U.S. Marine Corps Tests New Cold Spray Technology

A mobile, autonomous cold spray metallization system sprays a corroded windowsill on a V-22 Osprey during the unit’s first-ever U.S. trials for structural repairs. Photo by Heather Wilburn, FRCE.

At the U.S. Marine Corps Air Station in Cherry Point, North Carolina, USA, officials with the Fleet Readiness Center East (FRCE) recently hosted the first-ever U.S. trials for a new cold spray technology application. Program officials say the results were promising.1

With annual revenue exceeding $835 million, FRCE is North Carolina's largest maintenance, repair, overhaul, and technical services provider, with more than 4,000 civilian, military, and contract workers. The depot generates combat air power for America’s Marines and naval forces while serving as an integral part of the greater U.S. Navy; Naval Air Systems Command (NAVAIR); and Commander, Fleet Readiness Centers.

If approved, the new cold spray technology would help reduce turnaround times and decrease costs for repairs that were not possible when using previously approved cold spray systems.

First Field Demonstration

In late 2019, NAVAIR materials engineers with the FRCE’s advanced technology team, along with representatives of VRC Metal Systems (Box Elder, South Dakota, USA), completed the first U.S. field demonstration of an on-aircraft structural repair using a mobile, autonomous cold spray metallization system.

Over the course of two days, the team completed an on-aircraft repair to the windowsill of a V-22 Osprey, as well as an off-aircraft repair to a surplus H-1 skid tube.

“The system operated better than predicted,” says Frederick Lancaster, lead for the cold spray metallization integrated product team at NAVAIR. “[It] worked as planned at five sites, in five different climates, at five different times of the year. Once it was programmed, the system worked without human intervention, on aircraft, and worked faster and more precisely than a human.”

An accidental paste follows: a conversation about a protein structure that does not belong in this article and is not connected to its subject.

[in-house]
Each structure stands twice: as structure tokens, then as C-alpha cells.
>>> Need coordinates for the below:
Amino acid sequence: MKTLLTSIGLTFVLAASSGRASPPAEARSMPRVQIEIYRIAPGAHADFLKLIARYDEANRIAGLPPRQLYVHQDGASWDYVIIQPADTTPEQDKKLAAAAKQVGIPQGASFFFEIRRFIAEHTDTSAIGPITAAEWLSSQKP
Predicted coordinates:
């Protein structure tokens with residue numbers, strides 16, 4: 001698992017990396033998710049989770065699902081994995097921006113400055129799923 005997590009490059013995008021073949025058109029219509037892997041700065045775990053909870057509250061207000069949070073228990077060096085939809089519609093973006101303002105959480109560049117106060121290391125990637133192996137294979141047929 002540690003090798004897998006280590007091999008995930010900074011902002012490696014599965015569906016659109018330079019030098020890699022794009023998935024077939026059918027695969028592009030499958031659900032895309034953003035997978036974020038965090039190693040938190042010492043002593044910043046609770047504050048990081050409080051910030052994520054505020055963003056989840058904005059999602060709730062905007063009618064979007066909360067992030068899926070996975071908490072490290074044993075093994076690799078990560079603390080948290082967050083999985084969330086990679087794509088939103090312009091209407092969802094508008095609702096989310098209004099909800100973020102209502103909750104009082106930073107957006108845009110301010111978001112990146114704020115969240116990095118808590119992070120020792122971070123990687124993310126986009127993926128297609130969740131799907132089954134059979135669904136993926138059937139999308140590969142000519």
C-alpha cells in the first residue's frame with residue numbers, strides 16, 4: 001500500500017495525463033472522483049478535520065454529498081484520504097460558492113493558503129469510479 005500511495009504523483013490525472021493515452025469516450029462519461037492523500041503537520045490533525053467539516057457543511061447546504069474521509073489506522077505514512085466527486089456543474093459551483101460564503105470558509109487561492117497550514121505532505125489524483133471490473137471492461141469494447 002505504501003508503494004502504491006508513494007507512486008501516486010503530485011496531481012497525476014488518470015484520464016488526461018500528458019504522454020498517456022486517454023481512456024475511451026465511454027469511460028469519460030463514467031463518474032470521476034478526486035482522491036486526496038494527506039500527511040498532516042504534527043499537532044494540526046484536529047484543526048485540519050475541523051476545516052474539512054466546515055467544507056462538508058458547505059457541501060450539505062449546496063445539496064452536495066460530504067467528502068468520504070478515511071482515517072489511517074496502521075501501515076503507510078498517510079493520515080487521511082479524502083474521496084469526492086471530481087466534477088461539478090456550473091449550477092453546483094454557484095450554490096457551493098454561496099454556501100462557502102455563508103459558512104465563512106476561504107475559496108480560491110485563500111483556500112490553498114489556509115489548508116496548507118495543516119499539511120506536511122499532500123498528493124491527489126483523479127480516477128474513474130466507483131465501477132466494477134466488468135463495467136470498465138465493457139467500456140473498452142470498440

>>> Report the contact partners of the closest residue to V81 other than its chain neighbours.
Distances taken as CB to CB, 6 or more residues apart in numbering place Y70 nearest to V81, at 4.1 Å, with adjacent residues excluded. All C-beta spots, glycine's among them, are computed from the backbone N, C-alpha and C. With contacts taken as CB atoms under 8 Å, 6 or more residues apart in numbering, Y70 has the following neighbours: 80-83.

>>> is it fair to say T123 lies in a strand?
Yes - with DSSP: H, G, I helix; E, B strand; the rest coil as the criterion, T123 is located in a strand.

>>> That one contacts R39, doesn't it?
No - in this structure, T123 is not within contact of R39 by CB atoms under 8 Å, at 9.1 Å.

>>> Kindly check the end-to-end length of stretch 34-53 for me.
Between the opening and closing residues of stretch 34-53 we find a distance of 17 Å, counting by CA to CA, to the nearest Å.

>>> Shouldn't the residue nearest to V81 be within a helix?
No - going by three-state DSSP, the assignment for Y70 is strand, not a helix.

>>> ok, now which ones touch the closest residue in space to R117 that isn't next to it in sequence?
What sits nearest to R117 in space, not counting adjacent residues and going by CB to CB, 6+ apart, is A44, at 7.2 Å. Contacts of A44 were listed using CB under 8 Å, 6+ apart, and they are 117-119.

The cold spray process bonds metal to metal in a relatively low-heat environment in order to deposit a coating onto a surface, or substrate. Solid metal powders are accelerated through a heated gas and directed toward a metallic substrate. From there, the moving particles impact the surface and embed in the substrate, forming a strong bond.

The repairs completed during the pilot trial were consistent with those made using a stationary cold spray system, Lancaster says. Once approved, the new, mobile system will support the on-site repair of aircraft materials and increase mission readiness through rapid turnarounds.

Saving Time and Money

Jessica Templeton, left, a NAVAIR materials engineer at FRCE, and David Stricklin of Compass Systems inspect the finished product following the first-ever U.S. trials of a new cold spray technology application. Photo by Heather Wilburn, FRCE.“With this program, we’re looking to bring structural repair capabilities closer to the aircraft, so you don’t have to take an aircraft apart to repair it,” says Jessica Templeton, a NAVAIR materials engineer at FRCE. “The end goal is to take the most cost-effective way of making these repairs, and make them available at the lowest level possible.”

The team has targeted parts like aircraft skins—the outer surface covering much of the wings and fuselage—and windowsills, as well as areas on the tail as ideal candidates for repair without removal from the aircraft. Being able to repair parts to standard without major disassembly can lead to cost savings that are “pretty tremendous,” Templeton says. The autonomous aspect of the unit means that the work is done by a robotic arm which, after programming, requires minimal input from the workforce.

“Turnaround time is important, too,” Templeton explains. “Once you start routing these parts through the shops, that adds a lot of lead time to your repairs. With this technology, we would be able to repair existing parts to standards of airworthiness, rather than waiting for new parts.”

“It was realized early on in the deployment of cold spray technology that it would be more economical to perform repairs on-aircraft, in place, without any major disassembly,” Lancaster adds. “[With this program], we are testing the capability of the system to perform precision work autonomously.”


In determining which components to target for initial testing, the advanced technology team reached out to the depot’s many aircraft lines and asked for their “head-hurters.”